Dear Rosie & Sherry:
I’m really depressed. Not severe depression, but I have just been dumped for the umpteenth time. Brad was a really nice guy who had so much of what I was looking for. He’s athletic, handsome, assertive, funny, financially successful and, of course, Jewish. I really enjoyed our dates together, all four of them. I felt really comfortable with Brad and started to open up to him. We seemed to have such a connection. Yet, he didn’t call me back after our fourth date.
Why don’t any of my courtships ever turn into anything? I get to a certain stage of the process, and that’s the end – always from his part, not from mine. Is there something wrong with the men I am dating, or is there something wrong with me?
Lucy in St. Louis
Congratulations! You’ve just accomplished something many people are never able to achieve. You have recognized a repetitive pattern of non-success. Your dating never moves beyond the initial "getting to know you" stage. What causes this?
Something you said about your relationship with Brad may provide a clue. "I really opened up to him." You may have inadvertently opened up too much, too soon. And in doing so, you have scared your dates away.
The ritual of courtship follows a certain pace. During the first few dates, the conversations are an opportunity to find out about each other’s backgrounds, aspirations, lifestyles and personalities. You shouldn’t reveal much more than you would to the person sitting next to you on a long airplane flight. Even though you may have started to feel comfortable with each other, it’s too soon to bare your soul. You haven’t yet developed the level of mutual trust that should exist before you open up in a vulnerable way.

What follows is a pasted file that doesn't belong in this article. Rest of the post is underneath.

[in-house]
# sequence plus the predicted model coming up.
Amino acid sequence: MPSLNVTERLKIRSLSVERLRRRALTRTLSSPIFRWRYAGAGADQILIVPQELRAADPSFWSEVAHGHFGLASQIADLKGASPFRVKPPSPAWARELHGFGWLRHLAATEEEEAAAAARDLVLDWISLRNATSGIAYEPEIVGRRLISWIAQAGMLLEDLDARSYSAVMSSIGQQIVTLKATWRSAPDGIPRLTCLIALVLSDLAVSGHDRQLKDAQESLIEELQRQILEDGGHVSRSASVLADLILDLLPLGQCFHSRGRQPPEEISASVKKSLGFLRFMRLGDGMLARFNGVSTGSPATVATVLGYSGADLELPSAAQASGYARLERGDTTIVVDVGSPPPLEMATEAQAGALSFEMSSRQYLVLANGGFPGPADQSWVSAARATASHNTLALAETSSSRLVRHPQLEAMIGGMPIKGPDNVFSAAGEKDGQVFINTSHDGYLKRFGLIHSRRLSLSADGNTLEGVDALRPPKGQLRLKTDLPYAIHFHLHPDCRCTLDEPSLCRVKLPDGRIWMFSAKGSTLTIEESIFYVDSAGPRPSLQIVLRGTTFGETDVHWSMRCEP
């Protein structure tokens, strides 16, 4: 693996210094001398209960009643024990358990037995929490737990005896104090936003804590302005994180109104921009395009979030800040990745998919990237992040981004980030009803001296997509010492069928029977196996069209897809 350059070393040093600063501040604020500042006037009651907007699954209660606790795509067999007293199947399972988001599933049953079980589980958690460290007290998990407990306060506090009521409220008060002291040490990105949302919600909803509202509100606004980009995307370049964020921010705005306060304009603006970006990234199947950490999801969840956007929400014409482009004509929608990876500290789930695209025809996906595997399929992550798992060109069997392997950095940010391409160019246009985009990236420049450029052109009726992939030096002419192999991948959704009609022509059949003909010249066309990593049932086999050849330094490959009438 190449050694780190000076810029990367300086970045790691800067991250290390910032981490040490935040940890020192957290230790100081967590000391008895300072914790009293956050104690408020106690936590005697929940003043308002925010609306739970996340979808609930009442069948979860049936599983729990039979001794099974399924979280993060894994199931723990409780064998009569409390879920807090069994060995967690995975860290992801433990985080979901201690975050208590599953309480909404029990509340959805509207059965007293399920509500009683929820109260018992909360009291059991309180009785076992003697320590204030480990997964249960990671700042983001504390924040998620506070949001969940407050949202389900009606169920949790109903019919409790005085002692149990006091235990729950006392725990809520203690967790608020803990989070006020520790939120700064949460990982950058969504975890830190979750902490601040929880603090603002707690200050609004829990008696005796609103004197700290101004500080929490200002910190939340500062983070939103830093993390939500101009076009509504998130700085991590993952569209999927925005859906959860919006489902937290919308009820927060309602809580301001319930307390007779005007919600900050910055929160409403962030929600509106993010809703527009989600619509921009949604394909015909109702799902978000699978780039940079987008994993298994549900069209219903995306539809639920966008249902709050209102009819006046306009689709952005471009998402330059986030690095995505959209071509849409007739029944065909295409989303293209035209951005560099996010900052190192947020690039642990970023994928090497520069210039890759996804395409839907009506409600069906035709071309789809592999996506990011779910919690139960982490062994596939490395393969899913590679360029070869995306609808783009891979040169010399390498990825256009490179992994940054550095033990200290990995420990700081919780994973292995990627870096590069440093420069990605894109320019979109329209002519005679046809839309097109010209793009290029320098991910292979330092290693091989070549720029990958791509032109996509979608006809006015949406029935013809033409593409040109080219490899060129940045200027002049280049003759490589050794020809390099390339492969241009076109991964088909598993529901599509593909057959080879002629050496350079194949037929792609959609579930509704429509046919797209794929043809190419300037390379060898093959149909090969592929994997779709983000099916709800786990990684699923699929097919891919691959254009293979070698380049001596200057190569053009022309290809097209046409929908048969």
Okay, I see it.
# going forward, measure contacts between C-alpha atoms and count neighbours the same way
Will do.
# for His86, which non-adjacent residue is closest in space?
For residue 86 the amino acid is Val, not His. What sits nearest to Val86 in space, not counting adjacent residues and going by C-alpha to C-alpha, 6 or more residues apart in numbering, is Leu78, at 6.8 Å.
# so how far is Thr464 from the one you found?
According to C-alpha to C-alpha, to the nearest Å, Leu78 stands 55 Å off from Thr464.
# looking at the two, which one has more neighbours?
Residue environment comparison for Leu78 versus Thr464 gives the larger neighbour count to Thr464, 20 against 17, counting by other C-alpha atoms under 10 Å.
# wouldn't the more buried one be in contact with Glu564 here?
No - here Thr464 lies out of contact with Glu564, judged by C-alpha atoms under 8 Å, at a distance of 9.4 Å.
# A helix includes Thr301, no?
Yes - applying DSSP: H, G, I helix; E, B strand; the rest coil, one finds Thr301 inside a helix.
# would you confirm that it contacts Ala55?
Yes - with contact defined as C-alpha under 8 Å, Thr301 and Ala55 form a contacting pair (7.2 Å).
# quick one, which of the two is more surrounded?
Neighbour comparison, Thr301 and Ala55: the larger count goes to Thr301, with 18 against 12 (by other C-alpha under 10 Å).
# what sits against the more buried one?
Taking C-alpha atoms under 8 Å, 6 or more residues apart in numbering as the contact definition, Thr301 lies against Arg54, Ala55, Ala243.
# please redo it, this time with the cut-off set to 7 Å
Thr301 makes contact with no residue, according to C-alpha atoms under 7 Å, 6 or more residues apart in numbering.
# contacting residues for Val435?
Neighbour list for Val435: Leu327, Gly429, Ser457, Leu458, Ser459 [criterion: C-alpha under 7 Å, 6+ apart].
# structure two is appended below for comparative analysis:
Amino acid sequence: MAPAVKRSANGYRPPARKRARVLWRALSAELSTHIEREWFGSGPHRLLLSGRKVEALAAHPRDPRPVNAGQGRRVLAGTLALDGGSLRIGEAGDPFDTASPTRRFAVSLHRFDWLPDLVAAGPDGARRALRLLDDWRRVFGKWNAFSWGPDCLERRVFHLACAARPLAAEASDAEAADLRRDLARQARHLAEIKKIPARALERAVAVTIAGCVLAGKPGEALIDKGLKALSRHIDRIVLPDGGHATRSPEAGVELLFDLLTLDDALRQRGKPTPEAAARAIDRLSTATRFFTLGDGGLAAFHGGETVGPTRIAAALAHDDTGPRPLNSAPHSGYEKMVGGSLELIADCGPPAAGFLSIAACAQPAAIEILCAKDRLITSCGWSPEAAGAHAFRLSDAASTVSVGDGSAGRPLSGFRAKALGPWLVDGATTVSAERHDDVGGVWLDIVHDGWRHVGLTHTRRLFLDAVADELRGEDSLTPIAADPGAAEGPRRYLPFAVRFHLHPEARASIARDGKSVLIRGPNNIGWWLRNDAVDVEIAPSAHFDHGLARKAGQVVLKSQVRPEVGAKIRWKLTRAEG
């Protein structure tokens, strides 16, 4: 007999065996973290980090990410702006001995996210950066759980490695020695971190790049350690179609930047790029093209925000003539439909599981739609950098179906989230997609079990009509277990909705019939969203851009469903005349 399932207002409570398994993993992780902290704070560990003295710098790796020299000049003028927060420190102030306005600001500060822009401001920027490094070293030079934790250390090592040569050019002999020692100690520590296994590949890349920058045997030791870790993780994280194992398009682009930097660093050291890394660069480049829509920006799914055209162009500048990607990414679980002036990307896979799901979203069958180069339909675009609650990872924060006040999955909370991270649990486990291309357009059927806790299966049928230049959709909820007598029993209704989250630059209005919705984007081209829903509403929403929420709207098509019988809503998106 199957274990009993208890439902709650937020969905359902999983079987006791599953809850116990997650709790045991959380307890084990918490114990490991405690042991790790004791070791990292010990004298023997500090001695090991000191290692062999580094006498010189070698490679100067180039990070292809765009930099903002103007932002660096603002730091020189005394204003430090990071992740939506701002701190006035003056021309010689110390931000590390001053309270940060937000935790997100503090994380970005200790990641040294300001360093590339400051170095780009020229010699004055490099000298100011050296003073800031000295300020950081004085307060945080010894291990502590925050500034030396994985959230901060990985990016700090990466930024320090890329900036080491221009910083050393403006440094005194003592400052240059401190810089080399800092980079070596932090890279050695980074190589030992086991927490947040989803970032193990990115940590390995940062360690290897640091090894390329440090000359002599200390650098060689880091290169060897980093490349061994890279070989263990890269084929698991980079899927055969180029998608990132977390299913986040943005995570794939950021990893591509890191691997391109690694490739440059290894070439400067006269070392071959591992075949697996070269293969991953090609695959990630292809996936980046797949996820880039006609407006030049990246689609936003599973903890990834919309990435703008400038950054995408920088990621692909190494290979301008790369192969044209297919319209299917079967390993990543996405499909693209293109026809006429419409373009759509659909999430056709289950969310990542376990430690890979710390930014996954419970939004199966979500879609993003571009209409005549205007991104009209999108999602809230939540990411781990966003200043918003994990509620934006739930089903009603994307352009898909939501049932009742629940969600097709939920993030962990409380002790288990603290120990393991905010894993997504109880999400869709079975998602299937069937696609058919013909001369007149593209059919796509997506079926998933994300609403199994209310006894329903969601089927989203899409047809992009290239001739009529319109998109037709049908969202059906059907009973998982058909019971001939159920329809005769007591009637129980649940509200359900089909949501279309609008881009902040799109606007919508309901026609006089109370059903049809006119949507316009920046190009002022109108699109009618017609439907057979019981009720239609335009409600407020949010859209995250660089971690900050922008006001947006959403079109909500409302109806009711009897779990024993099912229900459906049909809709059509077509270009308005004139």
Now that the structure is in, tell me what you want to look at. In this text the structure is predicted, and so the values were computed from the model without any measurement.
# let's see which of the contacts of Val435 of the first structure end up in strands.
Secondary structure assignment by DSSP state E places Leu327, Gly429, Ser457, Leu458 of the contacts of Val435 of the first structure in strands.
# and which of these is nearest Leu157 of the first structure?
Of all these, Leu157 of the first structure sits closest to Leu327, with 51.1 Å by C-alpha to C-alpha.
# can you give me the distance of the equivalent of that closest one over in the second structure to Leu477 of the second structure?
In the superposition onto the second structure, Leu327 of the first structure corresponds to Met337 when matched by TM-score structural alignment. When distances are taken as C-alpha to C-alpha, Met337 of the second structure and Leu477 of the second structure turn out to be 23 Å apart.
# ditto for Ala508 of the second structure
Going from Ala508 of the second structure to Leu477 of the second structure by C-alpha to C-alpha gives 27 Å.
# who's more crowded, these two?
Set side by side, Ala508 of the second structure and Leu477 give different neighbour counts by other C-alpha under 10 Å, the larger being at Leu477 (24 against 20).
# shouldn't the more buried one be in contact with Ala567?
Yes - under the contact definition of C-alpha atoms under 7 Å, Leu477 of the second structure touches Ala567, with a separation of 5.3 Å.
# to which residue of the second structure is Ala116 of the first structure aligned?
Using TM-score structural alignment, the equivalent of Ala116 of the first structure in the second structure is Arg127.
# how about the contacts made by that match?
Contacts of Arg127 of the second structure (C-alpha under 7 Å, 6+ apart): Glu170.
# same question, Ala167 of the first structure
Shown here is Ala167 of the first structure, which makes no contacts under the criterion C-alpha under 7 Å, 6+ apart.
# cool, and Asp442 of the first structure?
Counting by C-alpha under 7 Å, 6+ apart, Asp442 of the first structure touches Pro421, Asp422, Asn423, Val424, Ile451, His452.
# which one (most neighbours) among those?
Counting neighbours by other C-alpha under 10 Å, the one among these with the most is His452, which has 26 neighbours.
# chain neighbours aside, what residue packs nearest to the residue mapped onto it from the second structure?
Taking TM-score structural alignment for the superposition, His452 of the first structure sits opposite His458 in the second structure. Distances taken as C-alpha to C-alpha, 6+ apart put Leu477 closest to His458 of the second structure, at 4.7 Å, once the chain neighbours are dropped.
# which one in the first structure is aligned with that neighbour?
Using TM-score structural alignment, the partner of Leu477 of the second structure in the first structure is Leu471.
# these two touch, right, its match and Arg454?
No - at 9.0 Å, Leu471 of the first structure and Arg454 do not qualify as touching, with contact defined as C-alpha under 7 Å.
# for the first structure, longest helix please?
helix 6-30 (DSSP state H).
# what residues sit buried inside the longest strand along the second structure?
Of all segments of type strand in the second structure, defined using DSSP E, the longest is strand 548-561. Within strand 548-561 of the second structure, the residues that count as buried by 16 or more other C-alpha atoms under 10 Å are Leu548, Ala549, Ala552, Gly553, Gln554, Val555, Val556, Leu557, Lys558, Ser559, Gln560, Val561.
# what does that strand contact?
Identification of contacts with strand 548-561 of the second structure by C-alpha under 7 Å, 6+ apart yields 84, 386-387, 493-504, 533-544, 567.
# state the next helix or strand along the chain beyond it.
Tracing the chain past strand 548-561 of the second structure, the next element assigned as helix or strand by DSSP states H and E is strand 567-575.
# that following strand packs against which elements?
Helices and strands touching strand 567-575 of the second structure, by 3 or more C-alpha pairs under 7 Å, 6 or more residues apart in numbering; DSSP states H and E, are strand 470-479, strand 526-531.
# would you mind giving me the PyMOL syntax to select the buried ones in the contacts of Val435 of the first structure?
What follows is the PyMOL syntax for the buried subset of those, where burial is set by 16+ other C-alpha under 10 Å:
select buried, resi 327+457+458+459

Don’t reveal more than you would to the person next to you on a plane.
Try to recall specifically what you said to Brad when you unburdened yourself. Did you disclose overly personal information, or even something that is best left unsaid?
Someone you barely know will feel uncomfortable listening to the history of all of your failed romantic entanglements, or that you were molested by a neighbor as a child, or that you had an abortion in college, or other sordid details.
We’re exaggerating, but you know what we mean.
If all this rings a bell, think about whether you followed a similar pattern with the other men who broke up with you. In the future, after you and your dating partner have had an enjoyable first few dates, use the next several weeks to slowly learn more about each other. Try pacing yourself according to his lead. Use your dates as an opportunity to experience different kinds of activities together and learn more about each other’s personalities in that way. It’s more organic. And save the revelation of personal intimacies until the dating is serious.
Anyone who sees a recurring pattern in unsuccessful dating should take the time to analyze the pattern and the possible reasons behind it. Sometimes it helps to enlist the help of a trusted friend or even a therapist. Then, work to change the way you date –- so it doesn’t repeat itself again.